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Where Is the Space Race Today?

May 09, 2012 | Comments: 0 | Views: 167

In the 1950s and 60s the Soviet Union rolled up an impressive series of first in space, including the first satellite, the first animal in space, the first man in space, the first woman in space, the first spacewalk, the first spacecraft to orbit the Moon, the first spacecraft to land on the Moon, and the first spacecraft to land on Venus (after eight tries). Until the Gemini program, the USA was definitely lagging. The Apollo landings on the Moon seemed to end much of the competition. Both countries settled down to creating systems of communications, weather and spy satellites.

After the Soviet Union collapsed, Russia tried to continue its space efforts, but on a reduced scale. President Reagan's dream of a space station was to be transformed into the International Space Station, largely built with the use of America's Space Shuttle.

But the Space Shuttles were supposed to be good for 100 launches each, and there were supposed to be two launches per month. Neither happened. In fact, the Shuttles rolled into retirement after only 136 total launches, and most years saw no more than four launches.

So today the USA has no access to the space station it was largely responsible for building except to ride aboard a Russian Soyuz spacecraft. Even supplies are mostly taken on Russian Progres unmanned vehicles, although American firms such as SpaceX hope to get much of that business in the near future.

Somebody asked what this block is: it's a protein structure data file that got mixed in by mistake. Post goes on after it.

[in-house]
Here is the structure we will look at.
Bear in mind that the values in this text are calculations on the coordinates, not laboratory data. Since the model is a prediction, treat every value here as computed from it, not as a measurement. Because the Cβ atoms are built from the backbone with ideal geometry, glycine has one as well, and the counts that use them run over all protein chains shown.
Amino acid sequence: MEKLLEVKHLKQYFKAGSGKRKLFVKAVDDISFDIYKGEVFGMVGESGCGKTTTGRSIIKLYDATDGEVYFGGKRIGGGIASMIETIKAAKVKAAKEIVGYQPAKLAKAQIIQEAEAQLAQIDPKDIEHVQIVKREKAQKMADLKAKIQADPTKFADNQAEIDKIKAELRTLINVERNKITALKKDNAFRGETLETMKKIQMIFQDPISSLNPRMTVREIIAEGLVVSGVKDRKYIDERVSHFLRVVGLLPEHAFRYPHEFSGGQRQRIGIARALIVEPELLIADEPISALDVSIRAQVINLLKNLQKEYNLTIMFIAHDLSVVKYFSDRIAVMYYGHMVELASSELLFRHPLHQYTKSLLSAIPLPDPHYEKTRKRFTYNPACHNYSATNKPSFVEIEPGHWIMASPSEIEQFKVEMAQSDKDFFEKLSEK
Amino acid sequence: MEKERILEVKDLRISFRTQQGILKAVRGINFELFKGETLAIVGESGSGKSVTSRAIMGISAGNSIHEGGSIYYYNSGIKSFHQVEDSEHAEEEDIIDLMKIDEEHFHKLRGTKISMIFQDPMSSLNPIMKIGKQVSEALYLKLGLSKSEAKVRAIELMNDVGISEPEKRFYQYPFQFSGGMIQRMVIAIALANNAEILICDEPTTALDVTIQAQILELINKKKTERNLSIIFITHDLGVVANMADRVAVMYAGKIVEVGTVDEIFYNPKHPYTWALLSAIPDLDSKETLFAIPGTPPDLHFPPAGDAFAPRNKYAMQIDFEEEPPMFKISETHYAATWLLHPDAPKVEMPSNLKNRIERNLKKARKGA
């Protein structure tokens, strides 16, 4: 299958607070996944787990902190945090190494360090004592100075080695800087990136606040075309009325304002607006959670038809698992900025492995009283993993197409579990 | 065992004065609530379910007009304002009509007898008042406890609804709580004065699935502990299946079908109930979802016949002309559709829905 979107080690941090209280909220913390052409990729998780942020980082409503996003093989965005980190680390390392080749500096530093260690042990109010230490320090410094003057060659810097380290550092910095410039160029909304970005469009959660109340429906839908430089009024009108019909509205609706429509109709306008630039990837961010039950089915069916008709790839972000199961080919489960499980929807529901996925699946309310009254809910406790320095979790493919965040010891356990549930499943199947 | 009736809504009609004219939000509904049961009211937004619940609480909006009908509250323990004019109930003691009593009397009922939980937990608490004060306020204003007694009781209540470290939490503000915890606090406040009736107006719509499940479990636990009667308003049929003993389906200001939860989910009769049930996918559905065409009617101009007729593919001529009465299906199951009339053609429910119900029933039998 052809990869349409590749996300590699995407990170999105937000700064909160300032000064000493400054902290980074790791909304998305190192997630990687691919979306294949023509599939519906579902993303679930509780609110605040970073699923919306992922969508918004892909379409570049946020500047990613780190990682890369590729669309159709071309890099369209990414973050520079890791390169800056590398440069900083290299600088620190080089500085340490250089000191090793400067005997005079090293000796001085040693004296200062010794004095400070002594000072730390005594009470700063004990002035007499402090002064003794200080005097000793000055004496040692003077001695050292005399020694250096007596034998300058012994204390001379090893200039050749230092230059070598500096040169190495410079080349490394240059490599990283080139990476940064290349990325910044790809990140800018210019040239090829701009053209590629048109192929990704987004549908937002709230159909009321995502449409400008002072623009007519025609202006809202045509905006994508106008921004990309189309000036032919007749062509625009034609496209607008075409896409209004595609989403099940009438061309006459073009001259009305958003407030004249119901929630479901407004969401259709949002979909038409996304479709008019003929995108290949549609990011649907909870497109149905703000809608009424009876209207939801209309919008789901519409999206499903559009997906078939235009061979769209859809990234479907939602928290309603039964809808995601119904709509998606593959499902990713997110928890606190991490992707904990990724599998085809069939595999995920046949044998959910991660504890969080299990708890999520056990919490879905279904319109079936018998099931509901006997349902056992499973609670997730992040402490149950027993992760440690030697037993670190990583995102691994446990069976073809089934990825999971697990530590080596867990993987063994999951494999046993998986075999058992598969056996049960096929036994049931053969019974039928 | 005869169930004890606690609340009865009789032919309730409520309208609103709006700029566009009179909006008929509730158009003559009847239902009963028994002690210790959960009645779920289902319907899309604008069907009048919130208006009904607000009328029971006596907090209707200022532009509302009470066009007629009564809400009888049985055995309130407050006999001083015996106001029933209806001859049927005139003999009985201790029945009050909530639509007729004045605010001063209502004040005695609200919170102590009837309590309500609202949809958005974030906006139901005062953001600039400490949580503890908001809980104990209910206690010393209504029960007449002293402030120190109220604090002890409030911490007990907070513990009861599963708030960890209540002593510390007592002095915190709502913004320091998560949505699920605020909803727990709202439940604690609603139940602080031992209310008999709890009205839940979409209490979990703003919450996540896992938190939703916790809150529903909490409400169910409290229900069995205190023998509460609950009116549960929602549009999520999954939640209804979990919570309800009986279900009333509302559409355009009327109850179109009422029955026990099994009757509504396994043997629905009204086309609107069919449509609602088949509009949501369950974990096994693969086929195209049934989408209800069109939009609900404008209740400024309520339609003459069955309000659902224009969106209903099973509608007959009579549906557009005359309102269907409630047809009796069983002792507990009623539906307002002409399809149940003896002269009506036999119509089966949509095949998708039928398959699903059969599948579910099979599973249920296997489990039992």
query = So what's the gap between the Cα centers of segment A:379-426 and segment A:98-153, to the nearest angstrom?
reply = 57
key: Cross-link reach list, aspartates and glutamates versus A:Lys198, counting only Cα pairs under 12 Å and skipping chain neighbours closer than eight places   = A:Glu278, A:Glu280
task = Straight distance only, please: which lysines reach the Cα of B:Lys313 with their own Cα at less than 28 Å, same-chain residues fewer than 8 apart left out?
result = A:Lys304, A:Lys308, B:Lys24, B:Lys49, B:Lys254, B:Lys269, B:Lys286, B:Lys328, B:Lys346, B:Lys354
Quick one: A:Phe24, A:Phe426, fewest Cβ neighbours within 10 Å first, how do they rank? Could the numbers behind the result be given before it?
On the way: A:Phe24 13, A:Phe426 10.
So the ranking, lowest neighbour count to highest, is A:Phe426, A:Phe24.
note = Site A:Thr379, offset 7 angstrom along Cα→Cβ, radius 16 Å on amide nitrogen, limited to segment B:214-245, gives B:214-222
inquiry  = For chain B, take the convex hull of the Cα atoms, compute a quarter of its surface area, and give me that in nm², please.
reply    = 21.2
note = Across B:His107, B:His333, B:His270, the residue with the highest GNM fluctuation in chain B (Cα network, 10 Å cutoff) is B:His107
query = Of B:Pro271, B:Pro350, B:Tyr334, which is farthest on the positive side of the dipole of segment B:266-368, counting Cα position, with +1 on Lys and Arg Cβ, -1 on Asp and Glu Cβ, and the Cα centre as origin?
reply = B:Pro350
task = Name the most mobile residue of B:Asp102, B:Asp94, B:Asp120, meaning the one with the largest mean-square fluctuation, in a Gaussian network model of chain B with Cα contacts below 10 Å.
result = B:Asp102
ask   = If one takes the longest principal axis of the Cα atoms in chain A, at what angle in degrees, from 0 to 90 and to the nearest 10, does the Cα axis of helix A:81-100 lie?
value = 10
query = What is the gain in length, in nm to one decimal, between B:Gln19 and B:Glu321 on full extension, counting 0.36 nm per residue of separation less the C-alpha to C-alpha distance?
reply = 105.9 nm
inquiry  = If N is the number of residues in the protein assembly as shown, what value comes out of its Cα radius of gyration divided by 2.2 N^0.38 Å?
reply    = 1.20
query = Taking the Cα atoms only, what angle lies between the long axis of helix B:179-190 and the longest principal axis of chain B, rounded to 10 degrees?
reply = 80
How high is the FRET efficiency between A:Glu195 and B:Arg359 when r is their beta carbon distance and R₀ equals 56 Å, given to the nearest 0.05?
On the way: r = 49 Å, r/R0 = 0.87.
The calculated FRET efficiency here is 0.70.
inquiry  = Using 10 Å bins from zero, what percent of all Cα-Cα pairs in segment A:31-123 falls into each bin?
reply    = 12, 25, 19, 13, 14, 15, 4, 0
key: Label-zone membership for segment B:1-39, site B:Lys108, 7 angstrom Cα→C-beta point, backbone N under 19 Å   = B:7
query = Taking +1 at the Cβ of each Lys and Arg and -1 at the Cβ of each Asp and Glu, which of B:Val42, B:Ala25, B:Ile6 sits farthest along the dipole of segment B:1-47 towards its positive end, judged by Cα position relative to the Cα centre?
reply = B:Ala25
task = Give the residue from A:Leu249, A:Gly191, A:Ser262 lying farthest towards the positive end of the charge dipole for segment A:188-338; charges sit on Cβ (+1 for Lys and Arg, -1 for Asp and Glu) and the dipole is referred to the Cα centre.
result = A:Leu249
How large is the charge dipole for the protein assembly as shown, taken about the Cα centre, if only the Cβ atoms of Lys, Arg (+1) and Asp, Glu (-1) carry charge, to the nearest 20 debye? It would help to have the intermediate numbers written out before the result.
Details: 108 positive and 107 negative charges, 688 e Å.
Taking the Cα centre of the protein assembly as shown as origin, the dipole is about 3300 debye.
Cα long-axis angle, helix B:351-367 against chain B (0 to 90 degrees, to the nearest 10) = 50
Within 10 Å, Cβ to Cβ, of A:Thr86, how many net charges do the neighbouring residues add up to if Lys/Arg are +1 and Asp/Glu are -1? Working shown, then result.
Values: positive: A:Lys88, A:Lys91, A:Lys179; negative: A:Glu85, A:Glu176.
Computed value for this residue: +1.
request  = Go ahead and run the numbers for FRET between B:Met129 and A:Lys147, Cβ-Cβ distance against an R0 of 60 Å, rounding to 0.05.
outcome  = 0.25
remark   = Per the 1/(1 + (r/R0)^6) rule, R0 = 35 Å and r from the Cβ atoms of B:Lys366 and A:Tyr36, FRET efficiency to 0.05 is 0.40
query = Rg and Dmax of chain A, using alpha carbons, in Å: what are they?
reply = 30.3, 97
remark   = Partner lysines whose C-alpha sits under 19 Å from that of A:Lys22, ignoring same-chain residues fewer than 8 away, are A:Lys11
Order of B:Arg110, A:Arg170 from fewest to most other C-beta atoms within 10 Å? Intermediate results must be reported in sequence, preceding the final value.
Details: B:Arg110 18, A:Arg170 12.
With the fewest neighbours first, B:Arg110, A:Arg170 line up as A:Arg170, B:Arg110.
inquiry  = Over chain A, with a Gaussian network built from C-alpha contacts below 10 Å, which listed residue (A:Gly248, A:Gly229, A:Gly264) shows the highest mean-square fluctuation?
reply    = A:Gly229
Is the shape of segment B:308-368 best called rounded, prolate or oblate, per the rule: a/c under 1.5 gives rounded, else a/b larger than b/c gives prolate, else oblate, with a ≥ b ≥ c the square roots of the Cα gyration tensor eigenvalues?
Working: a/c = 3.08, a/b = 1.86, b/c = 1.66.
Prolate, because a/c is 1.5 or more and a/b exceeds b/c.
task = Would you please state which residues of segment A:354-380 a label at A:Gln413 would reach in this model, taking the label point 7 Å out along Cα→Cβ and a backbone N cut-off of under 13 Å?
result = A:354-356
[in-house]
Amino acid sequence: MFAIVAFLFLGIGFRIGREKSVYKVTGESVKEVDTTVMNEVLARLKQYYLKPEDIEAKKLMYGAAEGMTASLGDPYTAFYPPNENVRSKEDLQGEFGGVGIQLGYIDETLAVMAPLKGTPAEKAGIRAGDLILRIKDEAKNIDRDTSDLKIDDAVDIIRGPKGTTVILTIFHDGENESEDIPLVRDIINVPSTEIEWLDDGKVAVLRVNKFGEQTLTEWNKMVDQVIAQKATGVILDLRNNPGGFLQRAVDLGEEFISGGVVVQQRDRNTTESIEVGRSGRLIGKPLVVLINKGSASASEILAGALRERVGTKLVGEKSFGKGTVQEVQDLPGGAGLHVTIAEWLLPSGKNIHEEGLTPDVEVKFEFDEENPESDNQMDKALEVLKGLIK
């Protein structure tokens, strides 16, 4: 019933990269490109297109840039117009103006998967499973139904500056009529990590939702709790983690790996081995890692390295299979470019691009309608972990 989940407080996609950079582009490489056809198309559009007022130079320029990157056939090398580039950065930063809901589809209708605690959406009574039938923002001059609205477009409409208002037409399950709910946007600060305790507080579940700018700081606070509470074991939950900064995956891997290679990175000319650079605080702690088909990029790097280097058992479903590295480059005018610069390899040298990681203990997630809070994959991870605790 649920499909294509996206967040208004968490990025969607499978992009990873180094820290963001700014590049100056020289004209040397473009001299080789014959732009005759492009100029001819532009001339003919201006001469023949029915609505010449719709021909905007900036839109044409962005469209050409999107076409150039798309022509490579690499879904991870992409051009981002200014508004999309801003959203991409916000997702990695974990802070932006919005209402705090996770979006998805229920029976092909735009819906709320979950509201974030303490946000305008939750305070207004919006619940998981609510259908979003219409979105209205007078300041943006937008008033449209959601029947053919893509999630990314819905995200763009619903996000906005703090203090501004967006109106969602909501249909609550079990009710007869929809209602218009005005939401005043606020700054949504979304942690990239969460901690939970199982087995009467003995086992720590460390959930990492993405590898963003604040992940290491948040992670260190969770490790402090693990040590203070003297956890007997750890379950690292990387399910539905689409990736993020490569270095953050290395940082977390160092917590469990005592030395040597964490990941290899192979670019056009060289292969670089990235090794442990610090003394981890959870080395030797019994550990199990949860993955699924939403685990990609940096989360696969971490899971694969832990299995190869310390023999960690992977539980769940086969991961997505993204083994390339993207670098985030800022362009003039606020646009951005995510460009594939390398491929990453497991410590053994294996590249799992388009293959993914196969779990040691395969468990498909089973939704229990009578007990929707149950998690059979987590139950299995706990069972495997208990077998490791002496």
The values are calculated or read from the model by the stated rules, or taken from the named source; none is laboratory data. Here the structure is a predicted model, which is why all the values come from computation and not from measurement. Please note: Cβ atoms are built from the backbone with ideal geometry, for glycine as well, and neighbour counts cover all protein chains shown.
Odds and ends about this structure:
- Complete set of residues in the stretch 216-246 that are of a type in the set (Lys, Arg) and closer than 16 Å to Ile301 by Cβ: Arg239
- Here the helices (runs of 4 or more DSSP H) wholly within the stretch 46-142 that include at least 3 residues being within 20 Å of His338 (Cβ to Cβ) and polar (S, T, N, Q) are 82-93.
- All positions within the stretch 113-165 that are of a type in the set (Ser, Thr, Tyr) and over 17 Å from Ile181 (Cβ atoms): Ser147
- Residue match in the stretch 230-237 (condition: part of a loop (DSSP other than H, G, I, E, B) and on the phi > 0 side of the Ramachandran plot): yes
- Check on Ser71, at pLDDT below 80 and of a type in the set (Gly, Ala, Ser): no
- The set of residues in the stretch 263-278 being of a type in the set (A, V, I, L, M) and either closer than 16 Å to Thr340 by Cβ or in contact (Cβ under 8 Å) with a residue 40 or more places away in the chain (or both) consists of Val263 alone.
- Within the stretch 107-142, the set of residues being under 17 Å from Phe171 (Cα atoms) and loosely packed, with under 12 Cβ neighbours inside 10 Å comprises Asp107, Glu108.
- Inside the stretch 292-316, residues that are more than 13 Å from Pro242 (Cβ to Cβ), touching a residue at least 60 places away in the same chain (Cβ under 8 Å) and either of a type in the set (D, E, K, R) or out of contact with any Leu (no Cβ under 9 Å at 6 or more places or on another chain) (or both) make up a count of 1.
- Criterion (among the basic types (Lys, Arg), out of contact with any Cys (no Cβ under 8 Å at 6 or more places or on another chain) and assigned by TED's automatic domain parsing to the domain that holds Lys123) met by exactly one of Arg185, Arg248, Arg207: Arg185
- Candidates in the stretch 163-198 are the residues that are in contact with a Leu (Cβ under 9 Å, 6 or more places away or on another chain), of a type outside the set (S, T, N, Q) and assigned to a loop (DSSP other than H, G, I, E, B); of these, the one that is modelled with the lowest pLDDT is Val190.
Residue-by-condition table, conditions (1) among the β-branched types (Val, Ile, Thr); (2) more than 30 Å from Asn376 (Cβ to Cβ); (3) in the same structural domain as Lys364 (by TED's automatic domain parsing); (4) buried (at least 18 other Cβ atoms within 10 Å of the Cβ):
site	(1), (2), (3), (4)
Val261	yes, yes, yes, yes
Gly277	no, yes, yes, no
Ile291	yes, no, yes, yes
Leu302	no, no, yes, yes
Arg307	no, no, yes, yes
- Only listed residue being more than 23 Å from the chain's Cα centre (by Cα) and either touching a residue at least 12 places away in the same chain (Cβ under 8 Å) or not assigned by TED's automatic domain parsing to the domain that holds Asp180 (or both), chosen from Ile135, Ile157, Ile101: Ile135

Meanwhile, other countries are moving into space. China, Japan, India, Israel, and the European Union have all successfully launched satellites using their own rockets. China has launched their own astronauts as well, and have tested a space station of their own design in orbit. China, India and the Europeans have placed satellites in orbit around the Moon, and Japan has visited an asteroid. China has made public plans for manned landings on the Moon, probably followed by construction of a permanent base there.

The USA claims to be designing new rockets capable of taking crews to the Moon or a nearby asteroid, but with no well-defined plans for either, and with Congress viewing the NASA budget as a prime place to take away funds. The only candidate in this year's Presidential primaries to raise the issue of space was widely ridiculed for it.

So while NASA has held a conference recently on a one hundred year plan for design and launch early in the next century of a probe to nearby stars such as Alpha Centauri and Barnard's Star, America may well find itself incapable of any activities in space, either through neglect or by unfriendly countries.

The most hopeful thought is that American space efforts have always fluctuated from neglect to emergency crash efforts, and may continue to do so. After all, in 1957 the American Secretary of Defense expressed the opinion that he was glad the Soviet Union was the first to launch a satellite, and America would in fact have been first by over a year had not some Pentagon official made sure the top stage of a test rocket in September 1956 had sand instead of rocket fuel.

So in the words of an old sci fi movie, "keep watching the skies", because there is no assurance what will happen next.

Thomas Wm. Hamilton is an astronomer who worked on the Apollo Project, taught astronomy for 32 years, and has worked in the planetarium field since 1968. Hamilton is the author of two books in astronomy, "Useful Star Names," 2011; and "Our Neighbor Stars," 2012, about the 100 nearest stars. For further information, visit the author's web site at He has also been honored by the International Astronomical Union by having asteroid 4897 named Tomhamilton for him, and the International Planetarium Society has designated him as a Fellow of the society.

Source: EzineArticles
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